Clarity on the link between discounting and sales behaviours allowed for better targeted intervention: incentives and targets could be reset – assessing month-on-month at the 15th day or up-weighting sales in the first part of the month, for example – to remove a calendar-driven cycle of rising discounts and falling profits.  

Simplifying the pricing model

In another situation, sales behaviours were very inconsistent, as the salesforce wrestled with a dizzying array of discounts applied to a vast product range. This resulted in significant margin leakage that policing the generic guidelines in place could not avoid. However, linking discounting and sales patterns allowed the company to adopt a simpler, more data-driven pricing strategy with fewer price points for products less exposed to competitive pressures.

The actions above create space for negotiation and selling to take place above a floor cost and can transform sales conversations so that more time can be spent discussing value-add benefits, not just price. At the same time, it helps the customer-facing salesforce sharpen their focus on discounting in certain hyper-competitive areas. 

Tight, competitive sales conditions can worsen the revenue impact of sales strategies that rely on discounts to close deals. In fast-moving, people-led transactions, across different industries, discount levels and sales behaviours can exacerbate revenue pressures, eating up profit margins under the radar. 

Greater visibility on where and how discounts affect sales performance and behaviours will ultimately reveal where and how change is required to achieve sustainable salesforce effectiveness. This can be typically summarised as a combination of the elements below:

  • No set strategy / clarity in setting “list prices”. For example, many tech companies grow through acquisitions, particularly in newer markets and legacy “list prices” for those products are never rationalised after the acquisition. The sales team therefore needs to discount at a certain level to stay competitive in the market.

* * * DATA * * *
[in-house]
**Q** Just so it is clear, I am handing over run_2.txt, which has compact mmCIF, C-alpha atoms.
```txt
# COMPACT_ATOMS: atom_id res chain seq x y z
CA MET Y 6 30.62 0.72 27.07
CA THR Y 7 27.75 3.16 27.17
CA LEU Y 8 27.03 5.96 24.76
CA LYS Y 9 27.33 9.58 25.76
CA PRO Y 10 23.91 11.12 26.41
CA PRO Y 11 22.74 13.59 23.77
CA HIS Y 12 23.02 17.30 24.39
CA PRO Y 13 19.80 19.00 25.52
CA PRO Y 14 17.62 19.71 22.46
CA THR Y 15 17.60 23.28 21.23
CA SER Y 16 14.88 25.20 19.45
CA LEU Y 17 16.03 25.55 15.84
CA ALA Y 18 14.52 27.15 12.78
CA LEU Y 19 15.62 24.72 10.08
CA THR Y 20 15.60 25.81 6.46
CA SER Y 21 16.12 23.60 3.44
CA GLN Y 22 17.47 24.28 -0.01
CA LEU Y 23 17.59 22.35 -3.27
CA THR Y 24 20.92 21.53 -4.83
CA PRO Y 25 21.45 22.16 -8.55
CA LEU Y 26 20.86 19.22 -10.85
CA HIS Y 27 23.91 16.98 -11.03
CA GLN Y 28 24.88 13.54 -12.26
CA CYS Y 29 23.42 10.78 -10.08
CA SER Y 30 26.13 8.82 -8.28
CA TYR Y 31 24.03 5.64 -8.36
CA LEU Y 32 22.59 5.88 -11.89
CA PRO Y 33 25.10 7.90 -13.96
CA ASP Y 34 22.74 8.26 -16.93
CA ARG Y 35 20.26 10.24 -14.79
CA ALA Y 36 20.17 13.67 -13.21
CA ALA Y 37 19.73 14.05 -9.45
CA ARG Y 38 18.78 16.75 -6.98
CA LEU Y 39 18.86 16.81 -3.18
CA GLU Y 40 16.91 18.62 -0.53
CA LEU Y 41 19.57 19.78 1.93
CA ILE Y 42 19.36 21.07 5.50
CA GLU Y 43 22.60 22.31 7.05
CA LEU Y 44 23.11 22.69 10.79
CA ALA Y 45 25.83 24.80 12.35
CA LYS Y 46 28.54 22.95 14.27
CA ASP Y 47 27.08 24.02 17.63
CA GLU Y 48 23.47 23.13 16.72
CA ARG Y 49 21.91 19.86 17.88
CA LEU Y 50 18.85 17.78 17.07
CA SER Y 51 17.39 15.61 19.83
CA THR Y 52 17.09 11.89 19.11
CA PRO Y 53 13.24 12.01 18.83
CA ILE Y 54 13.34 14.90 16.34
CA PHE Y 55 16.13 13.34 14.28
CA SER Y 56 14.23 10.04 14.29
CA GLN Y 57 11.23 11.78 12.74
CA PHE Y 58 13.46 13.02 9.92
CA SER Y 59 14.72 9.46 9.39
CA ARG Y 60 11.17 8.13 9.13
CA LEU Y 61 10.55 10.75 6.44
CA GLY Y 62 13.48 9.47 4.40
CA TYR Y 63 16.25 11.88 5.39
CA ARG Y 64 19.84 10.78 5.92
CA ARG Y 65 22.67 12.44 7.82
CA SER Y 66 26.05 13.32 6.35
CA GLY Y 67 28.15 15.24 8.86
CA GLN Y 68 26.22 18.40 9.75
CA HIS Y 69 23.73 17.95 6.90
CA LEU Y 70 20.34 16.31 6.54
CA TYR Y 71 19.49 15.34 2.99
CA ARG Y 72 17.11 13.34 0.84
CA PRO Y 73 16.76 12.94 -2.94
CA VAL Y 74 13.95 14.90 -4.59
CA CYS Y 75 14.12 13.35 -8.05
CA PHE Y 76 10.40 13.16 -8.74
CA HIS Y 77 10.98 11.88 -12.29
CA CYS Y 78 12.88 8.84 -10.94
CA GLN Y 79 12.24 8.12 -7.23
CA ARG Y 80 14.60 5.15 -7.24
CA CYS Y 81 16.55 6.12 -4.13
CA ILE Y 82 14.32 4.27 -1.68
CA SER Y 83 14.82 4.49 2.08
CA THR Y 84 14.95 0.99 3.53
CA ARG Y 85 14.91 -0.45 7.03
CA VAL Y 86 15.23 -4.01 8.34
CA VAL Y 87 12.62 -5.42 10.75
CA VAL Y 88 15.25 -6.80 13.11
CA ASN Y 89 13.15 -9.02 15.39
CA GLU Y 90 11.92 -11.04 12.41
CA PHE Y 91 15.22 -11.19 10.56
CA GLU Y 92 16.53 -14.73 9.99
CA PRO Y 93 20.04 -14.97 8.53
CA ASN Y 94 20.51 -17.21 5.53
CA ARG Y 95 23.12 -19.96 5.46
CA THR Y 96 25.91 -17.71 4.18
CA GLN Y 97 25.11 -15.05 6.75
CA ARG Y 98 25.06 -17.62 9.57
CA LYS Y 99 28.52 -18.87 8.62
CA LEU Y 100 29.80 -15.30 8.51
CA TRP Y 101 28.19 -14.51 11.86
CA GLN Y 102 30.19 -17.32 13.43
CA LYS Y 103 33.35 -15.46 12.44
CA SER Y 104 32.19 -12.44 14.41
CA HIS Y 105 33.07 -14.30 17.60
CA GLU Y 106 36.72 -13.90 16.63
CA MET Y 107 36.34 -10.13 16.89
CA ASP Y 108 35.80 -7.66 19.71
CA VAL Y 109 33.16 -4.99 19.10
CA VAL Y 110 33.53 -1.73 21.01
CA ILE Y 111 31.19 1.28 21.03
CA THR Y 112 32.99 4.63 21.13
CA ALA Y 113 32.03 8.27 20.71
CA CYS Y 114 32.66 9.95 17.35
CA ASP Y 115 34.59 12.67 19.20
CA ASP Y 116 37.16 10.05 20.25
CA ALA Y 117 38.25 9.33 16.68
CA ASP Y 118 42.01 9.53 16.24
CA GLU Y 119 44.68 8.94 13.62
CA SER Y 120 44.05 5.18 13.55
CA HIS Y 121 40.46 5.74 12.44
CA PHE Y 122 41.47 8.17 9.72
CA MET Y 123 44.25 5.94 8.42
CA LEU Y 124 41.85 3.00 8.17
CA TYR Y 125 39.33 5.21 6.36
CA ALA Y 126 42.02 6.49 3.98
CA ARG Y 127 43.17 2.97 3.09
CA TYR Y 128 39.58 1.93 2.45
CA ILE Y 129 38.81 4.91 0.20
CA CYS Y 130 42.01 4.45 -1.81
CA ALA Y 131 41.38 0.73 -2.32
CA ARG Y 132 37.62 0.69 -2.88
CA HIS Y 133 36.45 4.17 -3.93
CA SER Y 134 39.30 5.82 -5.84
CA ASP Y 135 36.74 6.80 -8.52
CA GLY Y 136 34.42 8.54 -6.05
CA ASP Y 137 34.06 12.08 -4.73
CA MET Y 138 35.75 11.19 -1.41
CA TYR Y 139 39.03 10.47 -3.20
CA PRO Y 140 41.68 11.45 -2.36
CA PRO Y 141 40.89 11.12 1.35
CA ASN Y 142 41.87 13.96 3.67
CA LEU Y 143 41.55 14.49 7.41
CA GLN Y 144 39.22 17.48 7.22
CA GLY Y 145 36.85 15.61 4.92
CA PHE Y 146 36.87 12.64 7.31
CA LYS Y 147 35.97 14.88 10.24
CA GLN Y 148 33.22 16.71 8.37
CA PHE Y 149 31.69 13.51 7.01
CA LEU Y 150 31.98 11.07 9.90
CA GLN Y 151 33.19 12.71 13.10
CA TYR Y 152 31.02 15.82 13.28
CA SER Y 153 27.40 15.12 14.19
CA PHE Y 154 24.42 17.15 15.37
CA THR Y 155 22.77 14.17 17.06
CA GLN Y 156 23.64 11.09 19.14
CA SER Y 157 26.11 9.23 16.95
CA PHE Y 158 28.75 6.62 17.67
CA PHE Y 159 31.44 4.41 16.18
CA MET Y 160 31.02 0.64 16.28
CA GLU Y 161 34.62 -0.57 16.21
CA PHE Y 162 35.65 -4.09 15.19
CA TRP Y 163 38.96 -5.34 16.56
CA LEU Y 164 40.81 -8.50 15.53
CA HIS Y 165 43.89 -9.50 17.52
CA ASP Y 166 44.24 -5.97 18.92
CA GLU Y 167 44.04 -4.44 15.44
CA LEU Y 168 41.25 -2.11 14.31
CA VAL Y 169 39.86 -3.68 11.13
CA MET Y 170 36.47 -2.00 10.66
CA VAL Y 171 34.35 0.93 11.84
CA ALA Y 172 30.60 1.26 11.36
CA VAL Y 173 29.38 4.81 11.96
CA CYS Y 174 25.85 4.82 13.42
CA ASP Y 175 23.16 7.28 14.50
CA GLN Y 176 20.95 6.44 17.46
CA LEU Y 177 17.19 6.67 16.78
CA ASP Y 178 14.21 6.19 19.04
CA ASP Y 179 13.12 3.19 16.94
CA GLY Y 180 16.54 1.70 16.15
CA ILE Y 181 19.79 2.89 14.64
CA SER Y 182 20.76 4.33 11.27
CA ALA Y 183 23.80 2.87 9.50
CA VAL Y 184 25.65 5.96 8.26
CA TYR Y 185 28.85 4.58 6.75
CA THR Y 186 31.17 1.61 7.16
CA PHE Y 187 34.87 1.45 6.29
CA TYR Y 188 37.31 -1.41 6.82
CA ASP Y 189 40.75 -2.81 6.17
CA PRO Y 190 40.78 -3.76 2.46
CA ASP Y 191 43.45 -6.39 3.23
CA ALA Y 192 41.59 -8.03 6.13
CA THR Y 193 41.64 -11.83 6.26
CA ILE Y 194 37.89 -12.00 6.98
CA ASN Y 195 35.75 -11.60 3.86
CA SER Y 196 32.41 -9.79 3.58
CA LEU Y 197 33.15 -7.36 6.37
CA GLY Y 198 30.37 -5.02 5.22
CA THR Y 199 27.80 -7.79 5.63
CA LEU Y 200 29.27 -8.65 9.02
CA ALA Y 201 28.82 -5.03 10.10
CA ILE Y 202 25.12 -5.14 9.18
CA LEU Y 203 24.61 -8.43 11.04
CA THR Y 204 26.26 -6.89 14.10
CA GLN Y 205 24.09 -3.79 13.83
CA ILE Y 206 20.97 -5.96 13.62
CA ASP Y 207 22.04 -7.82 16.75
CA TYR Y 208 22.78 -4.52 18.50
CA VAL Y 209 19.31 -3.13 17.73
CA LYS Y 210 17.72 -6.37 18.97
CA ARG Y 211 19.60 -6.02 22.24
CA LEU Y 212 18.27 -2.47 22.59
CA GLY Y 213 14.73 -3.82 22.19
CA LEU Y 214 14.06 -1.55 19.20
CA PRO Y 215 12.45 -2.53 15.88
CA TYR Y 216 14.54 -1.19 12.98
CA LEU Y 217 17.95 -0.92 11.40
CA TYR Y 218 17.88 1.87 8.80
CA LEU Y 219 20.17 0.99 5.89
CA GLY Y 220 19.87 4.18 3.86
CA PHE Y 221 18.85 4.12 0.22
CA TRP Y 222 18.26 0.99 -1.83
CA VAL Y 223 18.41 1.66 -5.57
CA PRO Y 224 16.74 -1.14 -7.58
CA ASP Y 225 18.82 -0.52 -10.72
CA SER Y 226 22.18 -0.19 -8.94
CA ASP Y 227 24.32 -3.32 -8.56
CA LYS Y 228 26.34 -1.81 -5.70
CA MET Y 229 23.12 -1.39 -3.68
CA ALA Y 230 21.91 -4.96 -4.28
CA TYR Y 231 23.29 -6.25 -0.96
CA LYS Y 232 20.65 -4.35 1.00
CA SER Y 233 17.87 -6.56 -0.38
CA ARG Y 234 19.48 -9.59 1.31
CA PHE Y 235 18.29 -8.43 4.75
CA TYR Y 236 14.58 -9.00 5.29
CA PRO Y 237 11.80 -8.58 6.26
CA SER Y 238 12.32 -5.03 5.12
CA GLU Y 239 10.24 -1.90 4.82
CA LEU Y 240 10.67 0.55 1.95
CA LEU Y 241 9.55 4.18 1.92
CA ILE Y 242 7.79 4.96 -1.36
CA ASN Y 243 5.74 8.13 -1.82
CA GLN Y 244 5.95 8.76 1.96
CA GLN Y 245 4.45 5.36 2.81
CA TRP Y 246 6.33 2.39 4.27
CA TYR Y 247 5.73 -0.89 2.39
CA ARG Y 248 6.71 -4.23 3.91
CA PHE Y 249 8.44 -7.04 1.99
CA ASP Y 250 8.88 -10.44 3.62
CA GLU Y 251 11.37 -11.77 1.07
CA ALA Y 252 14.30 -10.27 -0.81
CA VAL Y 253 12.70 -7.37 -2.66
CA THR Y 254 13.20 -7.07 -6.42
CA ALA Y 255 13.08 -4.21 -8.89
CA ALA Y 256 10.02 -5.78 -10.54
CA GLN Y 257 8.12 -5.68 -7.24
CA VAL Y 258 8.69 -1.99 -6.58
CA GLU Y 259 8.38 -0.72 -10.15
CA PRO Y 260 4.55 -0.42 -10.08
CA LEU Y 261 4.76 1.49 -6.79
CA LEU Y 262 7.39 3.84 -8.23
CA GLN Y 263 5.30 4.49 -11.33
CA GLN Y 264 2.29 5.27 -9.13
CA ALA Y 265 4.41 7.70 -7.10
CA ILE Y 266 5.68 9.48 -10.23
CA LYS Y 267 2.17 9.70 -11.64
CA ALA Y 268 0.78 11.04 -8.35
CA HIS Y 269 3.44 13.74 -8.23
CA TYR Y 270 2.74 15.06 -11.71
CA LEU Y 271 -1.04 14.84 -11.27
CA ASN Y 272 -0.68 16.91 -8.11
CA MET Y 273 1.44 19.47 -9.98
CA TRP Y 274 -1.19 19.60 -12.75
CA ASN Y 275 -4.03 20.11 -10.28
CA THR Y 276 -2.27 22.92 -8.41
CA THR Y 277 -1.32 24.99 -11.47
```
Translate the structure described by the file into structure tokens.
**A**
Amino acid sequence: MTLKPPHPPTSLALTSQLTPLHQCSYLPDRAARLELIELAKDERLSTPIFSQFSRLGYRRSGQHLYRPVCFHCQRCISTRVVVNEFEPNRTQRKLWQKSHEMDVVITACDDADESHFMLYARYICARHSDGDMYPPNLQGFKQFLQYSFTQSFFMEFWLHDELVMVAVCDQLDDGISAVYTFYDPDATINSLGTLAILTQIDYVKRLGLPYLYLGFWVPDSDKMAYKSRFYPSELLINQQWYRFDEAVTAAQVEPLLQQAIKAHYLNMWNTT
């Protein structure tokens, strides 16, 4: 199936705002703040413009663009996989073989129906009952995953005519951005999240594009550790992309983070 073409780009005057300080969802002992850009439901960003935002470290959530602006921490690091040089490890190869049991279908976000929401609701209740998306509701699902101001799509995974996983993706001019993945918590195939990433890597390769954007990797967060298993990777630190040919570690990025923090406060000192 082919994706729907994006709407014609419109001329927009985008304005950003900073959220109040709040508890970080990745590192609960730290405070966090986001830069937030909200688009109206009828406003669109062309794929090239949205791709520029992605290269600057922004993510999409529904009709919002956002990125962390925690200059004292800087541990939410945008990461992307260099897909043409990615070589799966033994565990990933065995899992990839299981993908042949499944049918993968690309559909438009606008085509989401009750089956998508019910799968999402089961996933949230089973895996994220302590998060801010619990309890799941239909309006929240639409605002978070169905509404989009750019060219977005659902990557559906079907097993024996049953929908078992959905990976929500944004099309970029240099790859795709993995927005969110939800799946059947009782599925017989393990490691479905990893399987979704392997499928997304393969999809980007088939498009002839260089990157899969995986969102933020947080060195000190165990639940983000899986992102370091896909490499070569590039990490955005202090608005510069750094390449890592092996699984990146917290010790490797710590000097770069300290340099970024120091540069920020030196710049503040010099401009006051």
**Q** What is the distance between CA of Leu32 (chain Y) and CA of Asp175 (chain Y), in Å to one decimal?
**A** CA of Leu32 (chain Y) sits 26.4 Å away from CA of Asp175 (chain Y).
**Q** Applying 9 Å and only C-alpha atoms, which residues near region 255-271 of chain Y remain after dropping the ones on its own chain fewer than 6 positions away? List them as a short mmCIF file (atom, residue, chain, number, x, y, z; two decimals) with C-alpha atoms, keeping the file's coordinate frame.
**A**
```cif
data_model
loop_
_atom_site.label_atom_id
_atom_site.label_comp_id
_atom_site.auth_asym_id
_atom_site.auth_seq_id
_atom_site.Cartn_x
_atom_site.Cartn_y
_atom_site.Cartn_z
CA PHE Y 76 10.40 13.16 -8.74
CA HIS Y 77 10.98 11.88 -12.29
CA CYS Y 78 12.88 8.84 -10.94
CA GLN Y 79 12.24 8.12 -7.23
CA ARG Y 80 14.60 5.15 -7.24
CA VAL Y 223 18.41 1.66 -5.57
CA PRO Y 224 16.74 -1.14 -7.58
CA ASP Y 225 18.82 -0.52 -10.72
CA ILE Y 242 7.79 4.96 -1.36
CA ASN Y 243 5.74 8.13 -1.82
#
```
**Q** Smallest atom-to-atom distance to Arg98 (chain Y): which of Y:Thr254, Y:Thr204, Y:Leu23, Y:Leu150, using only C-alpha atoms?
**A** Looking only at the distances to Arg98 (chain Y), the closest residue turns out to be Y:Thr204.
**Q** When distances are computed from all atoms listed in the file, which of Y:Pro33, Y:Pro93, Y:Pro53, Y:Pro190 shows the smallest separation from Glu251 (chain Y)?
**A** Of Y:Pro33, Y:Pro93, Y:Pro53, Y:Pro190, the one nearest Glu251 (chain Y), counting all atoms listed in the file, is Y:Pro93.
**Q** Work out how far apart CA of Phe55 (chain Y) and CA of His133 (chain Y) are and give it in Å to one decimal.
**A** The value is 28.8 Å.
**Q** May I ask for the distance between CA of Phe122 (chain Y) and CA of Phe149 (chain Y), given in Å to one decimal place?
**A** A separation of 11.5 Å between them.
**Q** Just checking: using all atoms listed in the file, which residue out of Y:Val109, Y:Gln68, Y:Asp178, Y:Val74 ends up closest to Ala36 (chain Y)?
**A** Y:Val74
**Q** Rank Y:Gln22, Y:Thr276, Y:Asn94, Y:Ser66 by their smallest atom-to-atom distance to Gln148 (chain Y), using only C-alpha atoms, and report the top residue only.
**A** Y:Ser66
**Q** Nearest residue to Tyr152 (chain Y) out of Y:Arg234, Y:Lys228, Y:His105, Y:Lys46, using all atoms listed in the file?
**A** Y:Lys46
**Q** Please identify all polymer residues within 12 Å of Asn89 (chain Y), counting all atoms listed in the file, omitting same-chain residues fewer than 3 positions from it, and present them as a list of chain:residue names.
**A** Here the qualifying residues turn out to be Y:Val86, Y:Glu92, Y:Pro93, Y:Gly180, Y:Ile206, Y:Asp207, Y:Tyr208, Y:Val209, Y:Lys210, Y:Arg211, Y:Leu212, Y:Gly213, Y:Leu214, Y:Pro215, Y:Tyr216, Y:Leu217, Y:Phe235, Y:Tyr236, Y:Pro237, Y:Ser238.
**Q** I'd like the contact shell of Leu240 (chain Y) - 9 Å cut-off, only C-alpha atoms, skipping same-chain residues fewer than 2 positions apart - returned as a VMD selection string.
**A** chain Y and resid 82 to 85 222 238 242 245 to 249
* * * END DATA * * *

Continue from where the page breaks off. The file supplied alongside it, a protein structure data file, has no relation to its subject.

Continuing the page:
• Coaching sales reps to sell on value vs. price. This can be a fundamental mindset and capability shift for the salesforce. How can the salesforce engage with the customer earlier in the sales process to fully explore needs and qualify associated product value, minimising the importance of price at the point of final decision making?
     
  • Poor pricing governance. Many businesses struggle to find the right balance between giving too much discount authority to the salesforce (at the risk of margin leakage) vs. giving too little pricing authority to sales (at the risk of spending too much time in securing approval for every single deal at the expense of selling).
     
  • Misaligned incentive structures. Without careful consideration to tying incentives to deal margins across all levels of a sales function, it can be difficult to drive the right selling and discounting behaviours throughout the business unit.

While discounting is the symptom that needs to be fixed, a full understanding of the underlying root causes that drive this behaviour is key to improve sales performance. Ultimately, management need a clear line-of-sight to both: does your business have what it takes?

 

Tags

article, pi, united kingdom, emea, english uk